Auditory thresholds compatible with optimal speech reception likely evolved before the human-chimpanzee split

Research output: Contribution to journalResearch articleContributedpeer-review



The anatomy of the auditory region of fossil hominins may shed light on the emergence of human spoken language. Humans differ from other great apes in several features of the external, middle and inner ear (e.g., short external ear canal, small tympanic membrane, large oval window). However, the functional implications of these differences remain poorly understood as comparative audiometric data from great apes are scarce and conflicting. Here, we measure the sound transfer function of the external and middle ears of humans, chimpanzees and bonobos, using laser-Doppler vibrometry and finite element analysis. This sound transfer function affects auditory thresholds, which relate to speech reception thresholds in humans. Unexpectedly we find that external and middle ears of chimpanzees and bonobos transfer sound better than human ones in the frequency range of spoken language. Our results suggest that auditory thresholds of the last common ancestor of Homo and Pan were already compatible with speech reception as observed in humans. Therefore, it seems unlikely that the morphological evolution observed in the bony auditory region of fossil hominins was driven by the emergence of spoken language. Instead, the peculiar human configuration may be a by-product of morpho-functional constraints linked to brain expansion.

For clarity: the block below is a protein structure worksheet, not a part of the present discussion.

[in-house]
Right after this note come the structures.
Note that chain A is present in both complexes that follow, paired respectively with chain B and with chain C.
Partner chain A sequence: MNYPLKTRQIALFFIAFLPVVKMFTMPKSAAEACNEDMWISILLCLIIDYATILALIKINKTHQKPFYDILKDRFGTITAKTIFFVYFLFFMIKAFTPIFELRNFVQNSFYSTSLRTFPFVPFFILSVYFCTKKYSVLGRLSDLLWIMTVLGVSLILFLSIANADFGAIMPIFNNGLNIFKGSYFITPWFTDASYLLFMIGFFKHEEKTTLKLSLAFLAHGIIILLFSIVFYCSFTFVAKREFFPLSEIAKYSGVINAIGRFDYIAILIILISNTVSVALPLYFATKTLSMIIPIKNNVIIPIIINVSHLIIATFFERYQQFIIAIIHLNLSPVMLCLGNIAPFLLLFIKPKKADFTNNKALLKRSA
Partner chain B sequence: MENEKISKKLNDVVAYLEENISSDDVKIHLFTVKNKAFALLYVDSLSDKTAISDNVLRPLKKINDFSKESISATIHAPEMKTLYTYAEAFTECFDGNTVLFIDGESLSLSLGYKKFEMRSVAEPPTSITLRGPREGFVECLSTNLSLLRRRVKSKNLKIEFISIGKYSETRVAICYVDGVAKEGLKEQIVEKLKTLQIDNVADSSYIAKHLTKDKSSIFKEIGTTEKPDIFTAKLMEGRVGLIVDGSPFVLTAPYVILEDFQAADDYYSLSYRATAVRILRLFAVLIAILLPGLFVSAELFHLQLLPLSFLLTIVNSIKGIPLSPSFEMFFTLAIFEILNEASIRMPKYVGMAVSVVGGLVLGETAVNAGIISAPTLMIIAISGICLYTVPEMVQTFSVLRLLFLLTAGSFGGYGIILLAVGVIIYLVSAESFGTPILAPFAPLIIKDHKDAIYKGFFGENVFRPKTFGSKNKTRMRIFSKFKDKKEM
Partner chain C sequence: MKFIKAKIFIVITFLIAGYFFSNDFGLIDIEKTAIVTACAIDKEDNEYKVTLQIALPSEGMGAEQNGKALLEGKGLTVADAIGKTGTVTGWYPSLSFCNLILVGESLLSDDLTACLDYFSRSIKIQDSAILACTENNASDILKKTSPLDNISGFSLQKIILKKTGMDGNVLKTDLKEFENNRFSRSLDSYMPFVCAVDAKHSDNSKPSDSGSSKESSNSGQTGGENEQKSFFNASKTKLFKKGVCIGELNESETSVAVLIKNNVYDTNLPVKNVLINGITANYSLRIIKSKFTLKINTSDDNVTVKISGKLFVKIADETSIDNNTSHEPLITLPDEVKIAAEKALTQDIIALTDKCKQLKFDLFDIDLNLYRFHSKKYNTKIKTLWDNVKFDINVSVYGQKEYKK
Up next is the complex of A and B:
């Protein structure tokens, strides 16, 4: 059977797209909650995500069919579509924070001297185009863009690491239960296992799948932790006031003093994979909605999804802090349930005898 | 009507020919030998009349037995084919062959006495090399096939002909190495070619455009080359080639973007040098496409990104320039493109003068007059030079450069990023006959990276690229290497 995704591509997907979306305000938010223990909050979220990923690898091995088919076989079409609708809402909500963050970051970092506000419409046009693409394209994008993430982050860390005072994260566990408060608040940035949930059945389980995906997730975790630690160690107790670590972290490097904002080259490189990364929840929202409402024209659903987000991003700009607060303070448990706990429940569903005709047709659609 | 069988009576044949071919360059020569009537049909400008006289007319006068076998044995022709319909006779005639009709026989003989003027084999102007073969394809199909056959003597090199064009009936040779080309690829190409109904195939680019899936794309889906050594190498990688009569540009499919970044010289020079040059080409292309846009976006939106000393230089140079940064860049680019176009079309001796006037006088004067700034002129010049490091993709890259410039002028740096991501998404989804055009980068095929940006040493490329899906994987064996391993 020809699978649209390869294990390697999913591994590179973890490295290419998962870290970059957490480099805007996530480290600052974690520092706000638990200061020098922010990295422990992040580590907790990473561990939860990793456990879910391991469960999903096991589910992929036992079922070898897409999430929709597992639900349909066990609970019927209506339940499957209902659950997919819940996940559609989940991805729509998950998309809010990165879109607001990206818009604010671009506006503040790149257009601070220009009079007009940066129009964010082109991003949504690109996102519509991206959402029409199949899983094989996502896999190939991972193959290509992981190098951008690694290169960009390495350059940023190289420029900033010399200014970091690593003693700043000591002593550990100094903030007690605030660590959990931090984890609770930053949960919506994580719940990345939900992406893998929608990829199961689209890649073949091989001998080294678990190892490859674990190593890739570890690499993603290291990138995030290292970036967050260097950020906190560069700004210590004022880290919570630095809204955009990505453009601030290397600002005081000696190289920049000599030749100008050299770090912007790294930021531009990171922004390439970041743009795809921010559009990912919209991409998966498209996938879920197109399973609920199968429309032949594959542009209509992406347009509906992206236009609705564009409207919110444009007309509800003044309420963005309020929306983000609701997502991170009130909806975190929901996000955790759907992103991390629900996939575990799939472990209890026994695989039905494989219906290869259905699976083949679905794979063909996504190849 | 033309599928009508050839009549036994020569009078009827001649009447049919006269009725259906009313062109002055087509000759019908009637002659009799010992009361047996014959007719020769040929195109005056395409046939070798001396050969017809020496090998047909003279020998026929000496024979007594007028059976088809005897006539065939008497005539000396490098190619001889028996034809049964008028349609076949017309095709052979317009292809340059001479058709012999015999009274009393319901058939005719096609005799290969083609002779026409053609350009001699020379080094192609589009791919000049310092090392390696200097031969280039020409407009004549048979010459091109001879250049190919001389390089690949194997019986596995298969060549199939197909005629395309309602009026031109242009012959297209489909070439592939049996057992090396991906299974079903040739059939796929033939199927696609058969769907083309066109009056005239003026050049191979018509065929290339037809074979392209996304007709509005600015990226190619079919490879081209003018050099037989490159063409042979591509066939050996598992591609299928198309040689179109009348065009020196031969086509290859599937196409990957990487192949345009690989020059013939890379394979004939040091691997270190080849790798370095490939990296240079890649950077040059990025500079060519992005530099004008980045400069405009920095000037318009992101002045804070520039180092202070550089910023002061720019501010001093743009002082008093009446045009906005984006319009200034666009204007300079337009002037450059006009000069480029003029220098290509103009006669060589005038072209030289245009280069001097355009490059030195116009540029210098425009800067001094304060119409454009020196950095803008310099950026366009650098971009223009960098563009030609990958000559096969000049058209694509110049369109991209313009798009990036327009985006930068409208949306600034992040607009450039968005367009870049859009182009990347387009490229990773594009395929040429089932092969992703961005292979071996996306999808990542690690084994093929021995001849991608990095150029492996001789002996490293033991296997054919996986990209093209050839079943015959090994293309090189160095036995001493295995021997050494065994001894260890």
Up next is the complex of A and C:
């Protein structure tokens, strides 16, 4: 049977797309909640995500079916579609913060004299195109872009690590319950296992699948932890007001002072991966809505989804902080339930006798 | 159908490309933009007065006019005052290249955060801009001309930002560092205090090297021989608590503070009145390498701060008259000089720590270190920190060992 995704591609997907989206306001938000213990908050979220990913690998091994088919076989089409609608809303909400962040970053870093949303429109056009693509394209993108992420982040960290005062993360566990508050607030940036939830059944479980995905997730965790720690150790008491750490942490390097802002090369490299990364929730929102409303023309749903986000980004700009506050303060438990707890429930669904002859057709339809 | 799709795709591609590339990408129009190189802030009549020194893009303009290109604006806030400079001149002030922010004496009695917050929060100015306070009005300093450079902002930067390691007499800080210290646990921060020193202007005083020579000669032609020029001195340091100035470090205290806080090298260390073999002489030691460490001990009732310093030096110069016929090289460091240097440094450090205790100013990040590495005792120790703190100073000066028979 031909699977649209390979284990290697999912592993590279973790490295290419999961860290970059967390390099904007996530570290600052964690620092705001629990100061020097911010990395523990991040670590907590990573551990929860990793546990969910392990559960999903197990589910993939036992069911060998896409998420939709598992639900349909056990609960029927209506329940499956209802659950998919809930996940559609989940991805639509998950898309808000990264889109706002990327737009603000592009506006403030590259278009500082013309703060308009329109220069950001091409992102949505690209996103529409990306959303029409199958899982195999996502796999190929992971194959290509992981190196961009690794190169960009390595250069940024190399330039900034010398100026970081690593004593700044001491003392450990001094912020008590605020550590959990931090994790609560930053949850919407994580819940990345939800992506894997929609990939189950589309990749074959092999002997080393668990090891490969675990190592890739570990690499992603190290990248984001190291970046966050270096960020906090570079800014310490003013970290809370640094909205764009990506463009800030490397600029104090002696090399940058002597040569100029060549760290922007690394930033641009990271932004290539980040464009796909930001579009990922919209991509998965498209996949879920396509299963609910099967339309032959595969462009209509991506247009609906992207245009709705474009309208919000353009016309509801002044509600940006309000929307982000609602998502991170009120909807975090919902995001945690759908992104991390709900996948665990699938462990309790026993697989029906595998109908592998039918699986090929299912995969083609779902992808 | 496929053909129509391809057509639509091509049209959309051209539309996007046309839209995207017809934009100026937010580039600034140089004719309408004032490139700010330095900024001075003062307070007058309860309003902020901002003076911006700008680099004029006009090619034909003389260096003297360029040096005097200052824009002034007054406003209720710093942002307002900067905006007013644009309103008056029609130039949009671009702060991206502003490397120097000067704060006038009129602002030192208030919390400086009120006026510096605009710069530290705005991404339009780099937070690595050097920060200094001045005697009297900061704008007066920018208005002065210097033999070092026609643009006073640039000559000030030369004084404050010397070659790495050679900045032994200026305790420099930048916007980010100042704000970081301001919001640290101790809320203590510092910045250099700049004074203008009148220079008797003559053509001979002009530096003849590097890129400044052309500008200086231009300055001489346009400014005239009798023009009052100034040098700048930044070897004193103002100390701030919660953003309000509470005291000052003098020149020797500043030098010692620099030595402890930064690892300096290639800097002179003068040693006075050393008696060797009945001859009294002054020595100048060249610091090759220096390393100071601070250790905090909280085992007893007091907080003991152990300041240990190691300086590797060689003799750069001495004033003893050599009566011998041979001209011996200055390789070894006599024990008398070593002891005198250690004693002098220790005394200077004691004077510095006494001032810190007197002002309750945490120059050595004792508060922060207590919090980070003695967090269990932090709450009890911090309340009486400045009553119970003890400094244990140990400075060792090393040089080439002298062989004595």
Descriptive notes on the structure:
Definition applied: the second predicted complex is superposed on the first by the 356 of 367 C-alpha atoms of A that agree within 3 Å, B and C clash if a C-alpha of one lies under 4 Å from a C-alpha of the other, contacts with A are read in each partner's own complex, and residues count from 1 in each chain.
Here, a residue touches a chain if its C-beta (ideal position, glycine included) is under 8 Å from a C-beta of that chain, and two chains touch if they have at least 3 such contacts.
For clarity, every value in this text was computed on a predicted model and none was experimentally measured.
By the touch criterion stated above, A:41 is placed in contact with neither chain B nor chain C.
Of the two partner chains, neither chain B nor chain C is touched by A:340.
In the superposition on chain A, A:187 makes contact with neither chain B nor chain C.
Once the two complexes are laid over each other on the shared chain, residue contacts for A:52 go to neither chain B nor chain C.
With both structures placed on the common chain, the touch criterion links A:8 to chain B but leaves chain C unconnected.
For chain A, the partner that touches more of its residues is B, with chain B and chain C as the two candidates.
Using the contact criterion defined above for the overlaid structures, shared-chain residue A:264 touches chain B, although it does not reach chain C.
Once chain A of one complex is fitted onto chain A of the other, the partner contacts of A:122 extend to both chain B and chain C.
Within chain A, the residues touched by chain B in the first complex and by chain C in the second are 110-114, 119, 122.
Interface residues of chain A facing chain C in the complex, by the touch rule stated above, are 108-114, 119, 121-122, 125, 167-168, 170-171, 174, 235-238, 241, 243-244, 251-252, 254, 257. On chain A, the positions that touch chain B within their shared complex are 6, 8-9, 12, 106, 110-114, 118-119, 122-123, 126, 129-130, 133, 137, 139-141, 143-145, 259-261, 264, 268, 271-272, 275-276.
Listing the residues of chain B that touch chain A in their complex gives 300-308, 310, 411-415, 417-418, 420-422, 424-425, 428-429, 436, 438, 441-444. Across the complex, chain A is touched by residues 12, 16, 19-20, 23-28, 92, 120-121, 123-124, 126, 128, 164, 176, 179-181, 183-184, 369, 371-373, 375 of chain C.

Original languageEnglish
Article number20732
Number of pages12
JournalScientific reports
Issue number1
Publication statusPublished - 25 Nov 2023

External IDs

PubMedCentral PMC10676368
ORCID /0000-0002-3061-0171/work/148145065
Scopus 85177806130



  • Animals, Humans, Pan troglodytes/anatomy & histology, Auditory Threshold, Pan paniscus, Speech, Hominidae/anatomy & histology